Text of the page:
We have been made aware that families being served by Fox & Weeks are being contacted by individuals requesting payment over the phone. Fox & Weeks will not contact a family requesting payment over the phone. Please contact the Savannah Police Department immediately if you are contacted and asked to make payment over the phone. Please contact Fox & Weeks if you have any questions.

How to Take Your Child to a Funeral

The death of a loved one can have a profound impact on a child, and should be handled with care. For kids who have not yet had to experience funerals or the concept of death, the ideas associated with these events can be frightening. Understand that there is no "right" age when it comes to allowing your son or daughter to attend the funeral of a loved one. If you believe that attending the service would help your child to grieve, then it is appropriate to bring the young boy or girl to the service. If you are planning on bringing your son or daughter to a loved one's funeral, keep these tips in mind:

Make sure that they will be able to sit respectfully

Many kids are not used to sitting still for long periods of time without a handheld video game or other toys to distract them. While these items might be acceptable to use in restaurants or while waiting at the doctor's office, it is not appropriate to bring toys to a funeral. If you are not confident that your child can sit still without a form of distraction, you may want to reconsider bringing them.

Brief the boy or girl about what to expect

Funerals are not easy for anyone to deal with, and can be especially stressful for young kids who do not know what to expect. To ensure that your child is prepared to handle the experience, give the boy or girl an idea about what will go on at the funeral. Explain that the occasion is a sad one, and that they may see the people they love crying. Note that this is normal, and that they are free to cry too if they are feeling sad.

During the discussion, you should also make it a point to explain to the child how they will need to behave throughout the duration of the service. Unlike a regular church service, they will not be able to get up and take a break out in the hall with Mom or Dad if they start to get antsy. Make sure they are prepared to sit quietly for an extended period of time.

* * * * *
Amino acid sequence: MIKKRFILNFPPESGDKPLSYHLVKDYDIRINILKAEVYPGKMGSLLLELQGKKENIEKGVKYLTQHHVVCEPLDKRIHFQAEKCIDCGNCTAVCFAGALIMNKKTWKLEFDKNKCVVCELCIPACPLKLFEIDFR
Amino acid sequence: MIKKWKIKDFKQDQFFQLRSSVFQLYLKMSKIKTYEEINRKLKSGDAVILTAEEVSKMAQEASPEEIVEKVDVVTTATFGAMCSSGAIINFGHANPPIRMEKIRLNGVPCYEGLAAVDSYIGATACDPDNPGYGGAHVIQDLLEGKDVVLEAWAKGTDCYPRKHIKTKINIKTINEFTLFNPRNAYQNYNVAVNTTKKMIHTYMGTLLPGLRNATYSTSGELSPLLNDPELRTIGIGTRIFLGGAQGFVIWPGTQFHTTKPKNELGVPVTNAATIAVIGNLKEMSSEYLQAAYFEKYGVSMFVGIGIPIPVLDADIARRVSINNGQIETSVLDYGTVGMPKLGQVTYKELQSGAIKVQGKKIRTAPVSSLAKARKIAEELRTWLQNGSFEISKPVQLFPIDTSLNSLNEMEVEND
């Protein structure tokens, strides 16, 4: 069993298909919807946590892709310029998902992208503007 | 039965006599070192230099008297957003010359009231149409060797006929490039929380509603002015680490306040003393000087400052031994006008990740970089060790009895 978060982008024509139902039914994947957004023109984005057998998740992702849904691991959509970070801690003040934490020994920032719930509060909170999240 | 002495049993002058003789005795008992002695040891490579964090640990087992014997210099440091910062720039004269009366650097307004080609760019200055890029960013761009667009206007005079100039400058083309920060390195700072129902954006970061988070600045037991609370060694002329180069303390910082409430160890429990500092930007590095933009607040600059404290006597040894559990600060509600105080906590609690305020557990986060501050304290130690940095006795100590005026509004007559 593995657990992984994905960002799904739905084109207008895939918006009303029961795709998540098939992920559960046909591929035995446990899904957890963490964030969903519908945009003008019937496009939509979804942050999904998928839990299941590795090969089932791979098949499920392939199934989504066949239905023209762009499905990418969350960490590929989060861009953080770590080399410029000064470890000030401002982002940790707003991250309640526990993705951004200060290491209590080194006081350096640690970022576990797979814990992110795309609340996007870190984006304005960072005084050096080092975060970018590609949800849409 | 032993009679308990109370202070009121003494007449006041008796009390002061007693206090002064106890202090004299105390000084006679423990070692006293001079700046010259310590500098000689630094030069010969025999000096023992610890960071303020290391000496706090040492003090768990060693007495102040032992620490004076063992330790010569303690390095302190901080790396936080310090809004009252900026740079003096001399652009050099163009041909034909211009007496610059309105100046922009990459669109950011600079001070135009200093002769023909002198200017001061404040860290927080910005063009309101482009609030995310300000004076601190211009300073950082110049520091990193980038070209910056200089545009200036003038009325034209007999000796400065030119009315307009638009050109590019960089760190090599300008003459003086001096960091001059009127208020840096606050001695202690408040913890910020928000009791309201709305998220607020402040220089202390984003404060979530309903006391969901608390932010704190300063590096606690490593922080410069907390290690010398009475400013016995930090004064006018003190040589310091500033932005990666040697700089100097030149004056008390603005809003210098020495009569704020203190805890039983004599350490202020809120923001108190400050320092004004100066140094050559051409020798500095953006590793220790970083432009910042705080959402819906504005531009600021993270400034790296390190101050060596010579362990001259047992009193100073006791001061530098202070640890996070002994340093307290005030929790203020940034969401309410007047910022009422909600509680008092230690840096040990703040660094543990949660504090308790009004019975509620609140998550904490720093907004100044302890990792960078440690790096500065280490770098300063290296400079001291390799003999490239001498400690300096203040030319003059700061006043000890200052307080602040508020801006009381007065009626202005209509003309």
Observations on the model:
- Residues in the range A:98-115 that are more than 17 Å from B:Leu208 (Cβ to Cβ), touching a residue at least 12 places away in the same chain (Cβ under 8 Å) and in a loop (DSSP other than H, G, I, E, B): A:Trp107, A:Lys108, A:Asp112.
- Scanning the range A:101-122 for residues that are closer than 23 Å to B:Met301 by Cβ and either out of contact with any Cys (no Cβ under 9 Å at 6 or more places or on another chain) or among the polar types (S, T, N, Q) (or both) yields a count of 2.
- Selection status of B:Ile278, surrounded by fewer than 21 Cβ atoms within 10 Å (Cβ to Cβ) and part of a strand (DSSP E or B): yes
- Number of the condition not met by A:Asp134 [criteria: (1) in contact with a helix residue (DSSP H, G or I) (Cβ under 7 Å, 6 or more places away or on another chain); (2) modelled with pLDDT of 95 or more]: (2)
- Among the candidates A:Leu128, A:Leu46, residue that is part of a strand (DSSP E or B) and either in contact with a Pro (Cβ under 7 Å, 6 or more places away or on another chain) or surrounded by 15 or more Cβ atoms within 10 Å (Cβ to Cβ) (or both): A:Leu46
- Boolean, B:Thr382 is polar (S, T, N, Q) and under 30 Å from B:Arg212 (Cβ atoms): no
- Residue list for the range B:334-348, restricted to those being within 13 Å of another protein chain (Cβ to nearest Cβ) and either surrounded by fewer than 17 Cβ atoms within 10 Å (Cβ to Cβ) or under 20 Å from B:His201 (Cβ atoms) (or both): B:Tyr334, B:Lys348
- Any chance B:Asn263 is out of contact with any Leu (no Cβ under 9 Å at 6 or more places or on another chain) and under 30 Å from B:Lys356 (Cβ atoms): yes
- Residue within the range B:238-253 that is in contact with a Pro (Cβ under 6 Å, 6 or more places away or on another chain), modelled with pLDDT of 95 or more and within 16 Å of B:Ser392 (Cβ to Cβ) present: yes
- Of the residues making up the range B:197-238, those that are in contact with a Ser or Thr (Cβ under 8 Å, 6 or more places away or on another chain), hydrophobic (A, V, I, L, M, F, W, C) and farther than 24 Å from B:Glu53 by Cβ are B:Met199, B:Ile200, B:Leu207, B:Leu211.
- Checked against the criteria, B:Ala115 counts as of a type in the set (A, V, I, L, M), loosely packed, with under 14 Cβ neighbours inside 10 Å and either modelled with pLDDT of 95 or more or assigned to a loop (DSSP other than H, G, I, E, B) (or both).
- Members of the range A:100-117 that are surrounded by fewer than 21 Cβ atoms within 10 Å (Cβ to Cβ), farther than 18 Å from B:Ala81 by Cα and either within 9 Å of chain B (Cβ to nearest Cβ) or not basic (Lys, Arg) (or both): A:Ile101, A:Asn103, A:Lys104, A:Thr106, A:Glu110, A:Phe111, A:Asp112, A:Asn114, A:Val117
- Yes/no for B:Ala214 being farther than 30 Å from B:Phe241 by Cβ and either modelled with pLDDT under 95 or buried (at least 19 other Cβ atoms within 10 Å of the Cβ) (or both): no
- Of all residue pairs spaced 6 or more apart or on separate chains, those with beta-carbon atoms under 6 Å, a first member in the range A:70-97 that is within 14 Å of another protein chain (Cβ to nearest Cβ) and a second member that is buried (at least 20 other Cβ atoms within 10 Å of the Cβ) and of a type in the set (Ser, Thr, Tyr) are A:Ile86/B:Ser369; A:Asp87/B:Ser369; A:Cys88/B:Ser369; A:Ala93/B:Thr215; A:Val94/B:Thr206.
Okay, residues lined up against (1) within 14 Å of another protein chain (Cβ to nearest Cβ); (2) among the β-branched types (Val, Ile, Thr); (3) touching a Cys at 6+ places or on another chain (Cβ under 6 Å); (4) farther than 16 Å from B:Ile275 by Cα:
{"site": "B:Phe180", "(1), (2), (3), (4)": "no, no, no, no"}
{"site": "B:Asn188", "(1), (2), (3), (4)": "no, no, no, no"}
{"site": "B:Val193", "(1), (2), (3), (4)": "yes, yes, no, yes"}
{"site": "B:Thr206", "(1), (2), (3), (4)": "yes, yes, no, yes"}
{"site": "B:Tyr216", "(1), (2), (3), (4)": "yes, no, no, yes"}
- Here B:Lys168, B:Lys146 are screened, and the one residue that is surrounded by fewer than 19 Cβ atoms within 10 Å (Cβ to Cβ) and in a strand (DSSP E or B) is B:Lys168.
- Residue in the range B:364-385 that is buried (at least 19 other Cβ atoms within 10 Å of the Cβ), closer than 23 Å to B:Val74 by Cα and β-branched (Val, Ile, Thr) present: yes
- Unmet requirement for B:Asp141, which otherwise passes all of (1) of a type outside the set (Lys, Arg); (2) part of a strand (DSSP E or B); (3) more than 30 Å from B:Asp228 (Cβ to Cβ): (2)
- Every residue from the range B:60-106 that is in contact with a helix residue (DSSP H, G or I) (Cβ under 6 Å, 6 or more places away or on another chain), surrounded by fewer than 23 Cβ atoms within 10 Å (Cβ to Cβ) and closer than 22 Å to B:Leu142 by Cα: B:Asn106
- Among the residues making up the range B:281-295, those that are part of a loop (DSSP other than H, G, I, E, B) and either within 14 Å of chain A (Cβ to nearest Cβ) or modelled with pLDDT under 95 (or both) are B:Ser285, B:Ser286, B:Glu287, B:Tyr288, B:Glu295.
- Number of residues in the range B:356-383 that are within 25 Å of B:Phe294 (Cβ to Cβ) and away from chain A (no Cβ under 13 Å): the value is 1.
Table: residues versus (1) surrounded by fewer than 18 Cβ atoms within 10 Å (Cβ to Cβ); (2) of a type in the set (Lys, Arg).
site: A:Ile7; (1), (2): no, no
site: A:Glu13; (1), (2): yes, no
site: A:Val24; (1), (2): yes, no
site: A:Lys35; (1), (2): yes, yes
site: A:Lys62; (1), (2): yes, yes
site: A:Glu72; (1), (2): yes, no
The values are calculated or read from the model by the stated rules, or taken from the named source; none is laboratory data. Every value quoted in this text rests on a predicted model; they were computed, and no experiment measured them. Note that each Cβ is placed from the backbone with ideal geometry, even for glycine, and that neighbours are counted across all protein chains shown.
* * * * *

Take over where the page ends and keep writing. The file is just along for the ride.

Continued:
Talk with the child about death

For many kids, a funeral is their first experience with death and mortality. This can be unsettling and confusing for a child. Help them navigate this time by explaining the ideas and concepts involved in a way that they might understand. Remember that the death of a loved one can be used as a way to talk about human biology or religion with your son or daughter, especially as it pertains to what happens when you die. You can express your own personal beliefs on these matters, and ask your son or daughter what their thoughts are on the subject. While your child may not fully understand some of the concepts that come up during a funeral, it is good for them to gain exposure to and understand this part of life.

Be prepared to continue discussing the subject

Funerals can have a significant impact on kids, and parents should appreciate and respect this. Your child may want to continue talking about the funeral after it is over. If it is clear that they are struggling with the idea of death or the passing of a loved one, spend some time discussing the issues further. You may want to read kids' books on the subject, or take some time to answer lingering questions that they may have. When parents help kids navigate this often confusing and scary situation, it makes it much more manageable.